Snapchat founder and boss Evan Spiegel confirmed Wednesday that the popular messaging app will introduce ads shortly as the startup looks to begin monetizing the service. Rumors that the app was planning to include ads first surfaced over the summer.
Speaking at this week’s Vanity Fair New Establishment summit in San Francisco, Spiegel didn’t give an exact date for when the first ads would land on the ephemeral messaging app, saying only that they’re coming “soon.”
Bringing ads to popular apps is always a balancing act between pleasing marketers and keeping the users on side. Too many ads and there could be a backlash, while too few means little revenue. Out-of-the-way placement, on the other hand, will see advertisers quickly lose interest.
As far as Snapchat goes, Spiegel said ads will land first in its Stories feature, which the company launched last year. This lets users build and share a stream of photos and videos of what they’ve been up to. In keeping with the ephemeral nature of the app, added media disappears after 24 hours. Advertisers will pay to have their messages slipped in among this content, though Spiegel said ads would not be targeted according to a user’s profile.
More recently, Snapchat launched Our Story, a feature that lets any user at a particular event or gathering post snaps or photos to a single stream. This could attract advertisers interested in the attendees of a particular type of event, though the fact that the Our Story feature is geo-fenced would mean a limited audience for the advertisers’ content.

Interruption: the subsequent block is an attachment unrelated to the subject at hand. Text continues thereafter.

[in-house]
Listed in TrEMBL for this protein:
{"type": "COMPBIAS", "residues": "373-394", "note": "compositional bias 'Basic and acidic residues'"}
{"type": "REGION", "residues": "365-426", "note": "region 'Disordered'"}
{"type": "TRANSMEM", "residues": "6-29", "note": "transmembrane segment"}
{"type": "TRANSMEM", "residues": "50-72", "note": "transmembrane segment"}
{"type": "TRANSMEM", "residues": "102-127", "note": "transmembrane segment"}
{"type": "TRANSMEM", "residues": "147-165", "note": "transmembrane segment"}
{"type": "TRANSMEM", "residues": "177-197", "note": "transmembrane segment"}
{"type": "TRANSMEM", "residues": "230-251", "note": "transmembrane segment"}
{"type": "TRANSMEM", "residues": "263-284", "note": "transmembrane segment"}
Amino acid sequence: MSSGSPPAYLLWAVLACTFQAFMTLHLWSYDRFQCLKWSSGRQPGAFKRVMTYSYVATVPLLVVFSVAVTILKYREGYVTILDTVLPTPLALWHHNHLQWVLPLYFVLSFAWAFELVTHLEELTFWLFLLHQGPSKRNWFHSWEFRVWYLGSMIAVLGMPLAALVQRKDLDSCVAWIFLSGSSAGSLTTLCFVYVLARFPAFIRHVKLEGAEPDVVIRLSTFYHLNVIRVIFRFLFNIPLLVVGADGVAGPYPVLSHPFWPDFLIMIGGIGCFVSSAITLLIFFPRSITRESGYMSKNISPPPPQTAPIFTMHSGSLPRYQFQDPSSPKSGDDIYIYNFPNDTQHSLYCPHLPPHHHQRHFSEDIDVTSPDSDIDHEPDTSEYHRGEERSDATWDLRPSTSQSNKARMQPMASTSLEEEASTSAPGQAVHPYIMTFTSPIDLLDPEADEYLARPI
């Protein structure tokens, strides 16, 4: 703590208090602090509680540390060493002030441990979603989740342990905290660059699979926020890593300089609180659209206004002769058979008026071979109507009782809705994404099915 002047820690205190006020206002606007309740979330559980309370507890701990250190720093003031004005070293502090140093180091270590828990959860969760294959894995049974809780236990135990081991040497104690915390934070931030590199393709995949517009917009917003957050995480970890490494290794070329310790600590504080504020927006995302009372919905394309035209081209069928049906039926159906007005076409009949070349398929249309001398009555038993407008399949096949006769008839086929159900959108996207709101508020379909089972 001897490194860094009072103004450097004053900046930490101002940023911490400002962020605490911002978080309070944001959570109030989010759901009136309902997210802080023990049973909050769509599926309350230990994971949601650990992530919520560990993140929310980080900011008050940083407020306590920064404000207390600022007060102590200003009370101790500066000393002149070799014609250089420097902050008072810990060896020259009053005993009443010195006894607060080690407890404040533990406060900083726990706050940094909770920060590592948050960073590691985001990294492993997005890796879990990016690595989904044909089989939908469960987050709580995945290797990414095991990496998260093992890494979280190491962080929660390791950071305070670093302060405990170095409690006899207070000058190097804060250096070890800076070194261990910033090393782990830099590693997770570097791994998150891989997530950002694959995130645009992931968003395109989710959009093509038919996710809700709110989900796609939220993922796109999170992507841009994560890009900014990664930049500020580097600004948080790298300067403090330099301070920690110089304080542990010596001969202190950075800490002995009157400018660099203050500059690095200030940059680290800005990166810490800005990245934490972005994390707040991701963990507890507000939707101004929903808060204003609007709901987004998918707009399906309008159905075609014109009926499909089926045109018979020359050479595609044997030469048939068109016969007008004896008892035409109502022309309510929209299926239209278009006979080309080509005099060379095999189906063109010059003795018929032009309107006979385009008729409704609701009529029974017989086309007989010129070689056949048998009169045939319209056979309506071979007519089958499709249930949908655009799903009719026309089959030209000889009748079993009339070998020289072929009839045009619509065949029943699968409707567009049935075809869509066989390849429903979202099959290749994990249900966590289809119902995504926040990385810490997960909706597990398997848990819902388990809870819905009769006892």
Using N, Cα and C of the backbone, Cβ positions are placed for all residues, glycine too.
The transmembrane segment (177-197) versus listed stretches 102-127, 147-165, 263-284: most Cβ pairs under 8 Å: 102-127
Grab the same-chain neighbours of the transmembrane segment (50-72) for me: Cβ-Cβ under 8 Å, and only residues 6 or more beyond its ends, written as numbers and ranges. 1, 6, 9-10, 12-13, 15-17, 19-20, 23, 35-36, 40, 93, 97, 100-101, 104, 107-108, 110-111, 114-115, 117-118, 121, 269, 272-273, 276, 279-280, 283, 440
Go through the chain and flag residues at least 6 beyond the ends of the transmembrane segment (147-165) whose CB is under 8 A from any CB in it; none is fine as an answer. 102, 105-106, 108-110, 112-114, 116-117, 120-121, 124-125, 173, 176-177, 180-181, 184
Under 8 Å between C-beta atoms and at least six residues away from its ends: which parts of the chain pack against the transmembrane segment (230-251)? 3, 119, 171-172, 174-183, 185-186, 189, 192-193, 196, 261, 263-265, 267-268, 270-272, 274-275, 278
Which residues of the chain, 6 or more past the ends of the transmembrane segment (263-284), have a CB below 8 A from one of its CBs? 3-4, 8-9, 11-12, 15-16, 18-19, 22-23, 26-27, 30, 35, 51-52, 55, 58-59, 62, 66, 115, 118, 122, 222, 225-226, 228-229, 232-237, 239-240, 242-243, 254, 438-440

Snapchat, which launched in 2011, allows users to send messages that only show for a few seconds before disappearing. Its popularity among smartphone users has led to the launch of a ton of similar apps, including ones from big-name firms like Facebook (Slingshot) and Instagram (Bolt).
With a fast-growing fan base that currently stands at around 100 million monthly active users, it’s little surprise Facebook put in a multi-billion-dollar offer for the company nearly a year ago, though Spiegel rejected it in favor of remaining independent.
The 24-year-old Stanford University graduate has also had to deal with interest from the likes of Chinese e-commerce giant Alibaba, and only a few days ago it was reported that Yahoo could be about to invest $20 million in the startup.